Publication Date: May 17, 2011
Genre: Young Adult Paranormal
There’s something very wrong with me. I can’t remember who I am or how old I am, or even how I got here. All I know is that when I wake up, I could be any one. It is always this way. There’s nothing I can keep with me that will stay. It’s made me adaptable. I must always re-establish ties. I must tread carefully or give myself away. I must survive.Mercy doesn’t realise it yet, but as she journeys into the darkest places of the human soul, she discovers that she is one of the celestial host exiled with fallen angel, Lucifer. Now she must atone for taking his side. To find her own way back to heaven, Mercy must help a series of humans in crisis and keep the unwary from getting caught up in the games that angels play. Ultimately she must choose between her immortal companion, Lucifer, and a human boy who risks everything for her love.
Mercy has no body. She knows what she looks like, or what she used looked like a long, long time ago but she has no form until she falls into a temporary and unwitting host. Her curse is to be torn from one to another, over and over. The only constant presence in her mind is Luc, the boy she believes she’s destined to be with, who comes to her at night promising that she’s getting closer to finding him but warning that she must always be on guard against the Eight Brothers who want to keep her in her endless cycle of body to body transference.
This time Mercy abruptly awakens in the body of scrawny misfit Carmen Zappacosta, on her way to a town called Paradise to stay with a host family for a week while she prepares to sing at an event with her school choir. All is not right in the Daley household when Carmen arrives – both parents are just a little too cheerful and a little brittle and Carmen’s room obviously once belonged to their daughter – one that they no longer have. It doesn’t take long for her to find out that their daughter Lauren was kidnapped a year earlier and that her older brother Ryan hasn’t accepted that she might be dead and is still looking for her on his own. In her dreams, Luc warns her that she must do nothing or risk losing her chance to be with him again, but something compels Mercy/Carmen to help Ryan. In a bizarre twist, Mercy enhances Carmen’s own talents as a star soprano and may end up linking her to Lauren’s disappearance with deadly results.
I absolutely loved the concept of this story and Mercy’s character. It was very easy to forget she inhabited the body of a girl who was described as having the body of a ten-year old with eczema and crazy curly hair, especially when there were any whispers of romantic feelings with Ryan. Mercy didn’t retain memories of the bodies she’d been in for long, but she always tried to leave them in a better place than when she’d dropped into them. What they did after she was gone was up to them, but getting them out of abusive relationships or cleaning them up felt like her duty. I think the concept just provides endless opportunities for stories while still maintaining the core characters – I had an impression that Mercy was a bit like a paper doll. She was the same doll, but you could hang different people on top of her for each story. It seemed fascinating to me (and I had a zillion paper dolls when I was a kid, so I just had to have that in my head).
(ETA: A very smart person – Katelyn, who has her own blog of awesomeness - jump-started my brain, and I was thinking that I didn’t do a very good job of explaining Mercy’s body switching. I added it in the comment section, but for anyone not getting that far, here’s what I said:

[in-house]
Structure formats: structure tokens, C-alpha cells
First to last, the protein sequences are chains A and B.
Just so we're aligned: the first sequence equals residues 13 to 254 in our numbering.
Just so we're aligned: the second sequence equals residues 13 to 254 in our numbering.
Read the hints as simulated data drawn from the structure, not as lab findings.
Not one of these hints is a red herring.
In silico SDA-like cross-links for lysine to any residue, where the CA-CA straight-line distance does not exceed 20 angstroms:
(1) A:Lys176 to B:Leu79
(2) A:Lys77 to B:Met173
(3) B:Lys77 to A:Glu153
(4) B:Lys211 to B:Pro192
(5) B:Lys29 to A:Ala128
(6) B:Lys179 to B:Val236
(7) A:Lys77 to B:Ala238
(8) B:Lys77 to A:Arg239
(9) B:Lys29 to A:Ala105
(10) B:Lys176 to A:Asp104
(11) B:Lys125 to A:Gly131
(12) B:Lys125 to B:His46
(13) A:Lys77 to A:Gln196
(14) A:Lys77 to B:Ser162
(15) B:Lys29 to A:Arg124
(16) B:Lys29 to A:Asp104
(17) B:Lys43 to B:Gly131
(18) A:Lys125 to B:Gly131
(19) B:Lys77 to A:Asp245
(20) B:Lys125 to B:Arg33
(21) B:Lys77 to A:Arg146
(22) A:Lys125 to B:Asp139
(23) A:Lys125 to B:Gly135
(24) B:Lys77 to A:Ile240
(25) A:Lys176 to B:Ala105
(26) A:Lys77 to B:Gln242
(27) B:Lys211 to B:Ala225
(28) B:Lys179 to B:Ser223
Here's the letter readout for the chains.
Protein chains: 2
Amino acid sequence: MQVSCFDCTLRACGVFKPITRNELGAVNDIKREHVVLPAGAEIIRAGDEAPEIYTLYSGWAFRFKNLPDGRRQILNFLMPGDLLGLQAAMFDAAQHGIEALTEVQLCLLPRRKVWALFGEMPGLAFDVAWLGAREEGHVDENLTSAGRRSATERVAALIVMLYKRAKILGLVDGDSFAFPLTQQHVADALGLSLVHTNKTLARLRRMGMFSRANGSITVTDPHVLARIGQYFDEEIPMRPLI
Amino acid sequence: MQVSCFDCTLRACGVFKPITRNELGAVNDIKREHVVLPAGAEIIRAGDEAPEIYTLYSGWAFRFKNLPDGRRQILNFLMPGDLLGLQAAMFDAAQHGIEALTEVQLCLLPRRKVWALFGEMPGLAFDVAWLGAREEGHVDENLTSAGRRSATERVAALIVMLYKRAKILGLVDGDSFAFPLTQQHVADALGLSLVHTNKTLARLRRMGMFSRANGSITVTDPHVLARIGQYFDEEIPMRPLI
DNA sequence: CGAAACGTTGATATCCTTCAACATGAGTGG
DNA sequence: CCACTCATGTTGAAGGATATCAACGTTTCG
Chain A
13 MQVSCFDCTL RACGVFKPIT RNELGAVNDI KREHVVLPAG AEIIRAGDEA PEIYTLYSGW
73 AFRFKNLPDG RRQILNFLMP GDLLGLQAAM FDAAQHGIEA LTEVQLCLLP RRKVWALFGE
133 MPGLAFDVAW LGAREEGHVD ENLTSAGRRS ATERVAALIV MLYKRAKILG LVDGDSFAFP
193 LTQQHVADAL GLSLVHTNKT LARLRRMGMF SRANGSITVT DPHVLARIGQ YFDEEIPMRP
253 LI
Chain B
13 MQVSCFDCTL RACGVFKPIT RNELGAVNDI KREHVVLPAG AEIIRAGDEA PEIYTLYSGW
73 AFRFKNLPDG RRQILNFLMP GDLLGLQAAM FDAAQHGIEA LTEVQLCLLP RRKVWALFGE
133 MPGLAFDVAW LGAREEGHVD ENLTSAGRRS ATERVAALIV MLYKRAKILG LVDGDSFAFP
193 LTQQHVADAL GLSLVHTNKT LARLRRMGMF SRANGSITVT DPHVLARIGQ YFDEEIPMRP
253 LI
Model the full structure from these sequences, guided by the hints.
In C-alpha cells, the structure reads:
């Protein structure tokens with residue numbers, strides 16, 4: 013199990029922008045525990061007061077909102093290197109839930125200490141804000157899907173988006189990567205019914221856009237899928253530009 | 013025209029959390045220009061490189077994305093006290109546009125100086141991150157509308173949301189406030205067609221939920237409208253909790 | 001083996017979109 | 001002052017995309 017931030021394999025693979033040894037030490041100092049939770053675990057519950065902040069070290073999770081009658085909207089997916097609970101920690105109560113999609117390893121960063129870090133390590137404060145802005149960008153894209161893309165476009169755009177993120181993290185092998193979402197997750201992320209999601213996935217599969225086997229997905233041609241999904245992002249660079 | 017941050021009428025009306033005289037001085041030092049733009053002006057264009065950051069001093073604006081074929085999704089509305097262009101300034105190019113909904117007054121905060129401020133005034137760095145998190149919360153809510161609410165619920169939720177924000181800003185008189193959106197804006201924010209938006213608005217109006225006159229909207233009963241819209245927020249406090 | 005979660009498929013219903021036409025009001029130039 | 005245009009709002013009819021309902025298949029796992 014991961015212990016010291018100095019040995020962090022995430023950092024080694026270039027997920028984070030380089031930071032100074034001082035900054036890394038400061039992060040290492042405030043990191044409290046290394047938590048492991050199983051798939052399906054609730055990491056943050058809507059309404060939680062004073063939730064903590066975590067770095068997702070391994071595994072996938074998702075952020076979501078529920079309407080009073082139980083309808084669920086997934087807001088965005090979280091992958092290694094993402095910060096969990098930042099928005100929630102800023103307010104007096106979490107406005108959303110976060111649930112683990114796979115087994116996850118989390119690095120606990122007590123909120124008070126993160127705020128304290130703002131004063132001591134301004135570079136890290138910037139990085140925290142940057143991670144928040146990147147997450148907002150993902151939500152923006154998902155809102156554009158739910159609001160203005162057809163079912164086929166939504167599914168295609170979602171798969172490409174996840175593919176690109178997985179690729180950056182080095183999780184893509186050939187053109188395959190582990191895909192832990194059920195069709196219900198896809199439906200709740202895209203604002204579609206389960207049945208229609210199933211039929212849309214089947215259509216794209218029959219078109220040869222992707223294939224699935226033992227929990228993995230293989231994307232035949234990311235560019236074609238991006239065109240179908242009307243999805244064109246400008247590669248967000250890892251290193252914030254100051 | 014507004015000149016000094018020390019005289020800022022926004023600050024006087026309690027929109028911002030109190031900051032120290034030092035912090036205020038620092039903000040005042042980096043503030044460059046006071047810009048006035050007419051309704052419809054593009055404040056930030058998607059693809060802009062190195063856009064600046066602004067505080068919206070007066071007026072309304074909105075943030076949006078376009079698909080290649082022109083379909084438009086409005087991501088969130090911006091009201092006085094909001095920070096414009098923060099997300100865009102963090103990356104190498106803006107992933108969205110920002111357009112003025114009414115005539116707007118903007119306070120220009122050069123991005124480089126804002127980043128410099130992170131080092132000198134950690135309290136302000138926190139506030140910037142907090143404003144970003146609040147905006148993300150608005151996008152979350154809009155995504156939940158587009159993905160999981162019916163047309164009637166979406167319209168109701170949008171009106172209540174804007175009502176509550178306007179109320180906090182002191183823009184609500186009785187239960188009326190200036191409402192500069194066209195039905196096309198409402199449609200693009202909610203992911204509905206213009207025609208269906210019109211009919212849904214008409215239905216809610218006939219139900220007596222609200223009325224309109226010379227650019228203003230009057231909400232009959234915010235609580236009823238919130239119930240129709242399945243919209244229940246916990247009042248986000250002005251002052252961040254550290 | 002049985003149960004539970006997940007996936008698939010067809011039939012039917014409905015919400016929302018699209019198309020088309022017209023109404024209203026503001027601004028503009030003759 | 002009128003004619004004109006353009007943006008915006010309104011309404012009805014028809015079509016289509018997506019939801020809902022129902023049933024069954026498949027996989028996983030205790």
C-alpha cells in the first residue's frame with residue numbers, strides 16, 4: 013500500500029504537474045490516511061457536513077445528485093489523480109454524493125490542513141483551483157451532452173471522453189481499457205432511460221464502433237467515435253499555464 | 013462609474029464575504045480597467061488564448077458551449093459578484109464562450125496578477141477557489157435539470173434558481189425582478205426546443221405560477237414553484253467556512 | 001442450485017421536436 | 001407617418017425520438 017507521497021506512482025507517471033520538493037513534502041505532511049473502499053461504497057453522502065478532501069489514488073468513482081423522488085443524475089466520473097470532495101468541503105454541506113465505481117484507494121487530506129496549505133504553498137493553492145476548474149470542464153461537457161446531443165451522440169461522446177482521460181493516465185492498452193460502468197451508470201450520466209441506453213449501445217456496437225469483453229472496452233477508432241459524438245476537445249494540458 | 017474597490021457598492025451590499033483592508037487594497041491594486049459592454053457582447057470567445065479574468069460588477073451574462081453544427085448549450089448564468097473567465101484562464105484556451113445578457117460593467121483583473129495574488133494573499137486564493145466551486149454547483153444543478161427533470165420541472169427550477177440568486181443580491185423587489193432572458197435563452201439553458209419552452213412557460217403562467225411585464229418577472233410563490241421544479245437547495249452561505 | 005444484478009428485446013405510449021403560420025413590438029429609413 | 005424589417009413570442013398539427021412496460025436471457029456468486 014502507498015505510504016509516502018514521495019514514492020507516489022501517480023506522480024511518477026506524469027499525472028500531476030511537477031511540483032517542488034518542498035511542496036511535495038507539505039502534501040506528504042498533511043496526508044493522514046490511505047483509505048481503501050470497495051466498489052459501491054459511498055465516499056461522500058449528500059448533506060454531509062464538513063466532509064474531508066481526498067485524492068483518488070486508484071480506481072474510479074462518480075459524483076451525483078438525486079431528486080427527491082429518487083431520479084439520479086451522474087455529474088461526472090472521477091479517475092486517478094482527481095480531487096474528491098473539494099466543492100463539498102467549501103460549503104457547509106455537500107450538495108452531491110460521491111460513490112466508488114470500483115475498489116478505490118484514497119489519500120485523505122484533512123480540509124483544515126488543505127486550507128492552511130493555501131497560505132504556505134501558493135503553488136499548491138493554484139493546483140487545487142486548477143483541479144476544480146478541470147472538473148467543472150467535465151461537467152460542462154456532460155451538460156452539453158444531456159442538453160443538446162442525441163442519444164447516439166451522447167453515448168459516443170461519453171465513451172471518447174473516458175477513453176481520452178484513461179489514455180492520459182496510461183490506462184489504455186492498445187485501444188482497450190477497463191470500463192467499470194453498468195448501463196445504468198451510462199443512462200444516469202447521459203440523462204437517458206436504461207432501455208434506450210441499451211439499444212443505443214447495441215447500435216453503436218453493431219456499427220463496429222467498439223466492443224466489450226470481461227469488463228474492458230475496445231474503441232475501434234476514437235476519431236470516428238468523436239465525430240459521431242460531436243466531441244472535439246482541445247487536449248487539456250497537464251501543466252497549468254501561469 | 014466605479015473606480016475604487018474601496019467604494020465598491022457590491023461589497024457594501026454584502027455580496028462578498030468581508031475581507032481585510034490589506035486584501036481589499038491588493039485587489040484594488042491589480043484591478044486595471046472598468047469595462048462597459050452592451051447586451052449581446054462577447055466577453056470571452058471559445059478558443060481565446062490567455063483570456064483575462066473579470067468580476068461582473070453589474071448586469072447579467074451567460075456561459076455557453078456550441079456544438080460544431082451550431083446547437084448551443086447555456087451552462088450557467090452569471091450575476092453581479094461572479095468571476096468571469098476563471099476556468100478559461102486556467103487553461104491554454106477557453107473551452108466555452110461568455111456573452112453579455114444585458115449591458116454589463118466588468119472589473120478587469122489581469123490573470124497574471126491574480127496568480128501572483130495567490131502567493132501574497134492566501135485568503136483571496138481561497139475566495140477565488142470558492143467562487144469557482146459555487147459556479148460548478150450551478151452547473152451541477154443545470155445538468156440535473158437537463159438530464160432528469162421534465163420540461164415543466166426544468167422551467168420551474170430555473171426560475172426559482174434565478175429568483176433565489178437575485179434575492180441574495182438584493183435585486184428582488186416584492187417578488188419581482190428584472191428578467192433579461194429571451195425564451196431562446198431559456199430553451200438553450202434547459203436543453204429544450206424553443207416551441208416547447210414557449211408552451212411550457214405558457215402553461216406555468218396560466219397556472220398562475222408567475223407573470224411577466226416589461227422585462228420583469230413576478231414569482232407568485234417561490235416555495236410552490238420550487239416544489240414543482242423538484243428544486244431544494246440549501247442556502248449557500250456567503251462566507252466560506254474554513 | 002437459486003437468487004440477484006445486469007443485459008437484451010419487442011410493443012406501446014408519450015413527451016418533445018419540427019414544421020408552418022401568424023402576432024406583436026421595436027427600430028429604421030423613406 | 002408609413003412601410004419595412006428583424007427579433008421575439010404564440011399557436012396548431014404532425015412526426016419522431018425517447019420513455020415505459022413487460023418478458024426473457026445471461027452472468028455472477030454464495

Mercy’s like a loose soul, for lack of a better term. She keeps her own consciousness, but she’s essentially reincarnated for only a short time and only in “pre-existing” bodies. She gets thrust into one with no warning of who it will be or where [she's yanked into Carmen on the bus, mid-conversation with someone], although she does have sort of a sense of when she’s running out of time.
The body she’s in has no memory of being taken over and has only a blank area for the time she’s been in the body which is why she tries hard not to leave a big “footprint” of herself.
A big thank you to Katelyn for getting me to knock myself on the head to add some clarity!).
Since this really is Mercy’s book, Ryan felt more like a half-character. His obsession with his sister’s disappearance felt almost creepy sometimes and while I believed his friendship with Mercy, when I thought of him with “Carmen,” it just didn’t work. I liked Luc more, I think because there was so much about him that was left unexplained. There already was a relationship between he and Mercy before the story started and Lim captured that feeling of intimacy very well.
The mystery of Ryan’s sister’s disappearance was well-done and I didn’t find the tie-in to Mercy hard to believe at all if it’s possible she can be dropped in certain places for certain reasons. There was a little Scooby Doo feeling to Ryan and Mercy’s wrap-up of the case, but it was still suspenseful and it worked within the context of the story.
My Summary: This story occasionally suffered from a case of too many characters muddying the waters, but I still thought the mystery was well-played with the central characters. I really like the idea of a soul being dropped into body after body, with the question left open that each time there might be something Mercy needs to do – but she doesn’t know if that something will lead her closer or push her away from Luc. I desperately hope the author doesn’t try for a continued love triangle but instead lets Mercy and Luc’s story continue to play out on its own because that’s the one I’ll continue to pay to read.
My Rating: B+